Professional Practice: Unity Official Tutorial Videos – Script Basics and Physics Basics

After going through some of the book I was reading in the previous professional practice post, I realised that the program used in the book is of an older version to what I had, so it wasn’t as practical as first thought. So I decided to follow the official tutorial videos that unity creates for it’s users to get a basic understanding of other components within the software.

The tutorials can be found here: http://unity3d.com/learn/tutorials/modules

Scripts

Scripts are what make the game work, it’s the code, how things move, when they move and how they move etc. You can code in Javascript, C# and boo.

Firstly I started with following videos on some basic scripting, taking notes of important terms used to create code. Various codes features include:

  • Variables – This is a box that contains different information. E.g, .int ((integer) holds a number)
  • Function – Takes the box and returns another.
  • if Statements – Makes a decision based on a condition. E.g, when a box moves to a certain location, then the if statement moves it elsewhere when it reaches said position.
  • Loops – A way to repeat lines of code.

Although this is very minimal in the scripting, these are the nuts and bolts of code and is what brings it together, I will add more terms when I get deeper into scripting.

Physics

Colliders – Colliders are a component that allows a GameObject to react to other components with colliders, one of the objects must have a rigid body component added to it. There are 3 different colliders that can be applied, sphere, box and capsule. If the object being collided is a complex model, then the user can attach multiple colliders to one object.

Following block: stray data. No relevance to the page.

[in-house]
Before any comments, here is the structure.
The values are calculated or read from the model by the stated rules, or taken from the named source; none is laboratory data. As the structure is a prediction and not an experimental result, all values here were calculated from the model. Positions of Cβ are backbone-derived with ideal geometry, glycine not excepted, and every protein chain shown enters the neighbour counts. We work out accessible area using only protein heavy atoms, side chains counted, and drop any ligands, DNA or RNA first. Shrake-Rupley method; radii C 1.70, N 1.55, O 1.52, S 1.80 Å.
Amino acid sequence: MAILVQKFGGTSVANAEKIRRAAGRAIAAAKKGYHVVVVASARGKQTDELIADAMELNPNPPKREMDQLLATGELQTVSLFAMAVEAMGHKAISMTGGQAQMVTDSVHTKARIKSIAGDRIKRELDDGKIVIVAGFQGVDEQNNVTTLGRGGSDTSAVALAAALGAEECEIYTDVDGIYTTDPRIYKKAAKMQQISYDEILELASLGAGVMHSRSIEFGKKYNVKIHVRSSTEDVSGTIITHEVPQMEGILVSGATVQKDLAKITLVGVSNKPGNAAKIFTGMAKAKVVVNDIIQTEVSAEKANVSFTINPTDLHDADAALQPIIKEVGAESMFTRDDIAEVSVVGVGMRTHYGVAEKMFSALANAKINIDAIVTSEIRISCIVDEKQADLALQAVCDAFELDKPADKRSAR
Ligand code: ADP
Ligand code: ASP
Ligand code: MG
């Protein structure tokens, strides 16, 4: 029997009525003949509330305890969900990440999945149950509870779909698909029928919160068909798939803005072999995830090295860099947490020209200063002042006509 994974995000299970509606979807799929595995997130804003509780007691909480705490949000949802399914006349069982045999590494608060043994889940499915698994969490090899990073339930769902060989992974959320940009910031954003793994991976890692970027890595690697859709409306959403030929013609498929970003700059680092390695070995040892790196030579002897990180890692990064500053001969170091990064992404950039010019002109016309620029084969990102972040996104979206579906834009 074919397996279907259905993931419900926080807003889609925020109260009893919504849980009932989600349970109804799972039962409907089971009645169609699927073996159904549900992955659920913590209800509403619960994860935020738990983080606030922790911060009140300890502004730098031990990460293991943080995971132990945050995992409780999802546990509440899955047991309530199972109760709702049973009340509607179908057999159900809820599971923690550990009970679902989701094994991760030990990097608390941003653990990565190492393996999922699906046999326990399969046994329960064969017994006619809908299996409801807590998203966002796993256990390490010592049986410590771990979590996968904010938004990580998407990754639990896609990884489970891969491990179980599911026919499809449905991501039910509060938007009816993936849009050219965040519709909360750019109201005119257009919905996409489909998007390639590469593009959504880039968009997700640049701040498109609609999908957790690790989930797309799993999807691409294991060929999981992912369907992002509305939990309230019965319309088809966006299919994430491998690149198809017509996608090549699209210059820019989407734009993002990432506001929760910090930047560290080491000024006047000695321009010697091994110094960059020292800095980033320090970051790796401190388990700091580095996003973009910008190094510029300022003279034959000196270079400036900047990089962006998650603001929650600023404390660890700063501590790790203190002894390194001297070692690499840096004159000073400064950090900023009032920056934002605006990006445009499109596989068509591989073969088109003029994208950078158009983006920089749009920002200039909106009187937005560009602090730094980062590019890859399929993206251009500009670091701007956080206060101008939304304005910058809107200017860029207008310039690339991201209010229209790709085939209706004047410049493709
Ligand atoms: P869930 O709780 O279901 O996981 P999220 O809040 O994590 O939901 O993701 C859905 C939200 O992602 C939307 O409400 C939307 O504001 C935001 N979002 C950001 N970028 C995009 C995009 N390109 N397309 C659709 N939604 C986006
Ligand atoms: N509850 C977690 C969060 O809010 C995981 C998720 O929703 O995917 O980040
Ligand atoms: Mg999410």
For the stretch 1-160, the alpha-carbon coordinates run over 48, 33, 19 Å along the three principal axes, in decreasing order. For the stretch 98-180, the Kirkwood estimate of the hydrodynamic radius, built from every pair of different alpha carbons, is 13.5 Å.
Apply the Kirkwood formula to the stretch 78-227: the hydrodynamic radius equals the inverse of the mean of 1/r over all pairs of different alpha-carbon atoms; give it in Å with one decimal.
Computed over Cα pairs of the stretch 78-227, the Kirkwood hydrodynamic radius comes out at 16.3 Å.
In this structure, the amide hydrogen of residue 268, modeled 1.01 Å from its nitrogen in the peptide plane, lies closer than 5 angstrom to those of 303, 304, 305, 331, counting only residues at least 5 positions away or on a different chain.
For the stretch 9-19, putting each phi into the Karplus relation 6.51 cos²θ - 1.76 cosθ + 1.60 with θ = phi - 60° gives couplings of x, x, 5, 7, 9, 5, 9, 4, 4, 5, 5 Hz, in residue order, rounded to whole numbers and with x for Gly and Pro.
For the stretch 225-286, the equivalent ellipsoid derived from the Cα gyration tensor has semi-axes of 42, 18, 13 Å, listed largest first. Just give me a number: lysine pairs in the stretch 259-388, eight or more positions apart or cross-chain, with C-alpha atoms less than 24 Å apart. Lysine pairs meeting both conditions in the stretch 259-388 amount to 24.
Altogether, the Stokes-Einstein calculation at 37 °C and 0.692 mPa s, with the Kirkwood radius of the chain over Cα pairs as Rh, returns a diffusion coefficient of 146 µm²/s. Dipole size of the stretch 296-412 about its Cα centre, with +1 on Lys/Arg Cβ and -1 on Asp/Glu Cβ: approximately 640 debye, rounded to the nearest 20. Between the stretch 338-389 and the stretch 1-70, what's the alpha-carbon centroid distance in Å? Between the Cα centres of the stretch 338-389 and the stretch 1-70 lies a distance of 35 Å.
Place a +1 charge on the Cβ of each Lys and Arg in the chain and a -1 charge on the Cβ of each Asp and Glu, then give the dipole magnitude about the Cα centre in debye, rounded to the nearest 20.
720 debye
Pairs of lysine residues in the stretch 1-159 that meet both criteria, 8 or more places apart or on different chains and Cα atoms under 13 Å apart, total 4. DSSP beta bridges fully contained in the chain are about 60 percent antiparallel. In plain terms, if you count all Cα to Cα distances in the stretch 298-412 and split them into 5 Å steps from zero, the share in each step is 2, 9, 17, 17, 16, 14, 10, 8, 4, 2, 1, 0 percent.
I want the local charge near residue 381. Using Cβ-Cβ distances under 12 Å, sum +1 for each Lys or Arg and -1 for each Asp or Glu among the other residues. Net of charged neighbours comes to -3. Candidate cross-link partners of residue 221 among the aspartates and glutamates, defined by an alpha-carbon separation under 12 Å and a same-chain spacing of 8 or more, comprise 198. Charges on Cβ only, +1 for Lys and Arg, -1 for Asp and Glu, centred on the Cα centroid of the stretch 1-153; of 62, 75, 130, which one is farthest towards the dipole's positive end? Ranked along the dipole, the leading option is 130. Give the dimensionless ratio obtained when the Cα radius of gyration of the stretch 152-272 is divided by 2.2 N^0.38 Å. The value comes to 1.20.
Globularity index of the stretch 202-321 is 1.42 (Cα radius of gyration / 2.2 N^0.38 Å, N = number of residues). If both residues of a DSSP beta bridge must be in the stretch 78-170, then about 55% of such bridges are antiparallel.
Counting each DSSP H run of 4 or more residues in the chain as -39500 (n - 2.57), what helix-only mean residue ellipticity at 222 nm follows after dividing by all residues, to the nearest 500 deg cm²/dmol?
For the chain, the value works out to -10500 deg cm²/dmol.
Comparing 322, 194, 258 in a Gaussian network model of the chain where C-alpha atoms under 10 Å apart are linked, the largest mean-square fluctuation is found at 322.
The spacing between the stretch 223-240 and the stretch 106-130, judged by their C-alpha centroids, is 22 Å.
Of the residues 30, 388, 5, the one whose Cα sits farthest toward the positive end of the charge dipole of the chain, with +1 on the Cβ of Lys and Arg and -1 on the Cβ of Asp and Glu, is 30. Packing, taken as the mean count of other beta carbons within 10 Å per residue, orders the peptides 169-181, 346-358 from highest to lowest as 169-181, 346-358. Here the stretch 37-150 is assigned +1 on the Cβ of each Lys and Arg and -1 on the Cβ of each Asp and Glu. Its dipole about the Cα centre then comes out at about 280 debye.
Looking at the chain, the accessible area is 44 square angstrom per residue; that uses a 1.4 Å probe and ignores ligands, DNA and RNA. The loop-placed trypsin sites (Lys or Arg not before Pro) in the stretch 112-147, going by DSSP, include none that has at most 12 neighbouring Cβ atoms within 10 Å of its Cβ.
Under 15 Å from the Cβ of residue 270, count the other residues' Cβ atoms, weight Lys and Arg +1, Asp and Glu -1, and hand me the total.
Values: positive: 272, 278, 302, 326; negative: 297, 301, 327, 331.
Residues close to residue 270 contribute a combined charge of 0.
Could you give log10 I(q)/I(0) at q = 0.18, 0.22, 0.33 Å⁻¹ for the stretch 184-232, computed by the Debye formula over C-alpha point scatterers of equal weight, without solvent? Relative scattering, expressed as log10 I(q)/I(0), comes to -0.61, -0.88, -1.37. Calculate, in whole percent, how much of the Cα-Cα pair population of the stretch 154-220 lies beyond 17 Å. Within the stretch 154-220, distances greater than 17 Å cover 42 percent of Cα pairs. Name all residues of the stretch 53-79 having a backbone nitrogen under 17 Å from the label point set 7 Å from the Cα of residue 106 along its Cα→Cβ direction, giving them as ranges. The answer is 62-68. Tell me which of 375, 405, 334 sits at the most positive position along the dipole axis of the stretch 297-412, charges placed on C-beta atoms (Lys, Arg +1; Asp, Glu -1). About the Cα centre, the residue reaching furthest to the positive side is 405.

Mesh Collider – A mesh collider wraps around an object for you, instead of creating multiple colliders, put this can be quite processor intensive.

Trigger Colliders – A trigger collider is used at a sort of button, instead of when two colliders meet in the scene and react to each other; the trigger collider will allow the triggered object to pass through the other collider, when this happens the user can set some code in a script to make something happen in the scene. To make an object into a trigger, there is a simple checkbox at the top of the objects inspector.

Physics Material – A physics material controls the surface of an object and how it responds to other objects. For example a basketball would be bouncy and have a bouncy physics material attached to it, each material has settings that can be altered in the inspector. Below are a couple of animated pictures that show a bouncy material and a hard, heavy material and how they reacted when they collided with another object.

http---makeagif.com--media-12-11-2013-pQk3lc

Bouncy Material

http---makeagif.com--media-12-11-2013-u7Piv4

Hard, heavy material

CLICK IMAGES to see how they moved

Joints:

  • Fixed – A fixed joint locks an object to a point in the world or to another rigid body component.
  • Spring -A spring joint is relative to a GameObject and not the world, they work by the game object trying to reach a target position. (like a swing)
  • Hinge – This joint, when added to an object will allow it to rotate around the anchor point. The anchor point is a point where the object moves around and can be moved to designated areas on the object.

I have learnt a great deal of information from following these tutorials, as they are visual, it helps to know where to go exactly. I will definitely keep following these tutorial videos in the future so I can get a wider knowledge of the piece of software.

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~ by reeceharry on December 12, 2013.

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